Invisible Invaders (1959)

Invisible Invaders (1959)

“Unless Earth surrenders within 24 hours, we will begin a massive invasion.”

When invisible aliens from the moon embody corpses as part of a plan to take over the Earth, it’s up to scientists Dr. Penner (Philip Tonge) and Dr. Lamont (Robert Hutton) to discover an effective weapon against them.

Genres, Themes, Actors, and Directors:

  • Aliens
  • Horror
  • John Agar Films
  • John Carradine Films
  • Science Fiction
  • Scientists
  • World Domination
  • Zombies

This low budget sci-fi thriller features many classic tropes of 1950s cinema, including a mysterious invasion by aliens, threat of world domination, nuclear experimentation gone awry, and a beautiful young woman (Jean Byron) whose only real function in the film is to serve as a supportive love interest.

Interestingly, an initial subplot about a scientist (John Carradine) who blows himself up while conducting research on atomic energy turns out to be little more than the narrative catalyst which brings the aliens down to Earth; atomic research is thus posited as a defining frontier which finally marks humankind as a threat to its more advanced intergalactic neighbors.

As to be expected for a B-budget film of this caliber, the special effects in Invisible Invaders are lame, and the acting is mostly sub-par. Fortunately, B-regular John Agar (who sounds uncannily like John Wayne) is suitably cast as the no-nonsense major, and British Philip Tonge (in one of his final roles) somehow manages to make campy lines such as “We need time… They must give it to us! They must!” and “Cyclic pulsations? It doesn’t make any sense at all!” sound semi-natural.

It should also be noted that Invisible Invaders is a clear thematic precursor to George Romero’s Night of the Living Dead, and will probably be of interest to sci fi/horror fans for this reason alone.

Redeeming Qualities and Moments:

  • Philip Tonge as Dr. Penner
  • John Agar as no-nonsense Major Jay
  • A laughably hokey voiceover narration:

    “The walking dead were everywhere now — a vast army of destruction that could not be killed!”

Must See?
No, but it’s recommended for those who enjoy campy, ultra-low-budget sci-fi flicks. It’s listed in the back of Peary’s book as a Camp Classic.


One thought on “Invisible Invaders (1959)

  1. A very enjoyable must! I imagine one thing genuine ffs have in common is a healthy sense of humor. And here’s a proper feeding for it!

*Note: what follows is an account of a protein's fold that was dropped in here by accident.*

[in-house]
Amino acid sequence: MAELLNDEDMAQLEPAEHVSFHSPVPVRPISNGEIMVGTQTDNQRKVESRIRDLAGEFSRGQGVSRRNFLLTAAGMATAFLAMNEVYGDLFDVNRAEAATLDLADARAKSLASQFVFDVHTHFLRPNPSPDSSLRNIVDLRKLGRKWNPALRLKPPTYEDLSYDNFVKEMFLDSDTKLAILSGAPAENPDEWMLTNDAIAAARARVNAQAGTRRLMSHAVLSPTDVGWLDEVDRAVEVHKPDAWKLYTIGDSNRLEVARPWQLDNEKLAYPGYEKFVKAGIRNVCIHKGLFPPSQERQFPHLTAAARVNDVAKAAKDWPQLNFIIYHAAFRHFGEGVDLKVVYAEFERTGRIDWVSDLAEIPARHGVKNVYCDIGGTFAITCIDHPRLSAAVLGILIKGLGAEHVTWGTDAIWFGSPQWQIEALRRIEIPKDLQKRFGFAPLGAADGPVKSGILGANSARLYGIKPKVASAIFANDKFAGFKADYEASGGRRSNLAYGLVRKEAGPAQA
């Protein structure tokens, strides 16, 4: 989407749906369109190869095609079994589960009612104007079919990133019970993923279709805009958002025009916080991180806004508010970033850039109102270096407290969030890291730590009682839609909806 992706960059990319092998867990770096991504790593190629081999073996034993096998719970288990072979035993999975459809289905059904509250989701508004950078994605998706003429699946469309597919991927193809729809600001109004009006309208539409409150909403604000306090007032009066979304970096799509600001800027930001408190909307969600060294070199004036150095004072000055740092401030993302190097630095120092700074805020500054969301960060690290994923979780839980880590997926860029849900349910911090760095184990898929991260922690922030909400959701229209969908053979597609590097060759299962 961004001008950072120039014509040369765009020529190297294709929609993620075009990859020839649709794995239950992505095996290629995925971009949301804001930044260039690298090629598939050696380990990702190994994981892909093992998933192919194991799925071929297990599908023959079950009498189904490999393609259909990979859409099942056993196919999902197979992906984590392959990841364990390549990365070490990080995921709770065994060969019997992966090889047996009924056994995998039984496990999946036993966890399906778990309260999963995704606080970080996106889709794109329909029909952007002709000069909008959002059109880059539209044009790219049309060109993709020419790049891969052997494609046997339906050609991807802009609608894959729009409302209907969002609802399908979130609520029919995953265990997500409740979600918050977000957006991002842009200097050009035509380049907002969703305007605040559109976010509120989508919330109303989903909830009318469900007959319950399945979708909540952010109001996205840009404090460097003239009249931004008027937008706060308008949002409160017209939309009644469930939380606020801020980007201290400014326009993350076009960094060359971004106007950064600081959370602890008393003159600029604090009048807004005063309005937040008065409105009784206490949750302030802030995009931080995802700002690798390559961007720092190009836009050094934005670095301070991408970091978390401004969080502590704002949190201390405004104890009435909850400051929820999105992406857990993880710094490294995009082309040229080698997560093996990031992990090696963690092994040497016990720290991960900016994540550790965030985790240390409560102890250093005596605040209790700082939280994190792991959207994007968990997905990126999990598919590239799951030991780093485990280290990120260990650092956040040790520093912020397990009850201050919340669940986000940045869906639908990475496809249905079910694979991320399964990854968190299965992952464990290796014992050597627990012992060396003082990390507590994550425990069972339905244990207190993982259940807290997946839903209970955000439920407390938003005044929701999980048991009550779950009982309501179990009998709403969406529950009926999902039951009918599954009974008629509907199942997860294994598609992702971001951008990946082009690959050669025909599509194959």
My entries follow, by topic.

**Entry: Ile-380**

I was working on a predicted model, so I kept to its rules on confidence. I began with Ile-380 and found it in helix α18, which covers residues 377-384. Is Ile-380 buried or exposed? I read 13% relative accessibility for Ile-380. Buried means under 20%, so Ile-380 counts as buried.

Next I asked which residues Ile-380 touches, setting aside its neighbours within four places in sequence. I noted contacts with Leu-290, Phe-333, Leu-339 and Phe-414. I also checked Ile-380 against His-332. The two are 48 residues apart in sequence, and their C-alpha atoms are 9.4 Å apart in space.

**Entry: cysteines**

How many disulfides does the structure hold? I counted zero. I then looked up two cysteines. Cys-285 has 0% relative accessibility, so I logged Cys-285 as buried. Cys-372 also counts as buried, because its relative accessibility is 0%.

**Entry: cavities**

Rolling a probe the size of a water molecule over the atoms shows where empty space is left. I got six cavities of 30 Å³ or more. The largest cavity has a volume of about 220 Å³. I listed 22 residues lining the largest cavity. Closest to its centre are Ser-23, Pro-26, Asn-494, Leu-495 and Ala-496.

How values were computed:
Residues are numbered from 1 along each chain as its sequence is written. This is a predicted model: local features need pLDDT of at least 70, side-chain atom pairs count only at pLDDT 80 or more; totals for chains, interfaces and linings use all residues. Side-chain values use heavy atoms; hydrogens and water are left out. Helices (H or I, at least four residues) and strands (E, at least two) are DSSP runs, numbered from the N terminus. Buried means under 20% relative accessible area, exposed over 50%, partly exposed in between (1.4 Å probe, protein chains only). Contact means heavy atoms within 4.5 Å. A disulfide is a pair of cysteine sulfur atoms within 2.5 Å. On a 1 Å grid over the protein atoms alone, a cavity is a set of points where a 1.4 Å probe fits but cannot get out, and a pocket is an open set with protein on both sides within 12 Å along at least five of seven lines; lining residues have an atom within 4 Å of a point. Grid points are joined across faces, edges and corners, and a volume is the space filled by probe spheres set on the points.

This isn’t really a spoiler, cause the movie’s point is laid out early on: what if the nations on Earth really did unite for the purpose of achieving world peace?; if only out of fear that, if they didn’t – and if they didn’t maintain peace, aliens would be on the alert to destroy Earth?

    It’s one thing to deal with the silence of an invisible God, who allows the use of free will to be played out to its ultimate conclusion. But knowing that some very real Big Brother force out there is ready to ‘slap you upside the head’ if you don’t play nice and get along…?

    Thus, the film’s compelling premise. Could that have been put on-screen in a manner that isn’t laughable? I don’t know why not – if a little more thought had gone into it. Alas, this being a very-low-budget flick, ‘more thought’ apparently wasn’t affordable. What we have instead (and, in a way, fortunately) is a deliriously loopy flick that takes full advantage of its admirable story idea while (unintentionally, of course) tickling our funny bones.

    (And, now that I think of it, this could just be the poor – the very poor – man’s ‘The Day the Earth Stood Still’. Nothing wrong with repeating *that* message, is there?)

    Say what you will about the film’s flaws but, in a manner that almost seems, gee, heroic!, everyone on-board took it all very seriously, meeting the challenges of the budget (and the script!) head-on. It’s not like you spend your time thinking of how god-awful the whole thing is. Yes, it’s B-movie stuff – yes, the narration is (sometimes wonderfully) hokey – but I sure did get swept up in this gem!

    And, yes, if you’re having a group in…a double-bill with ‘Night of the Living Dead’ is the way to go with it!

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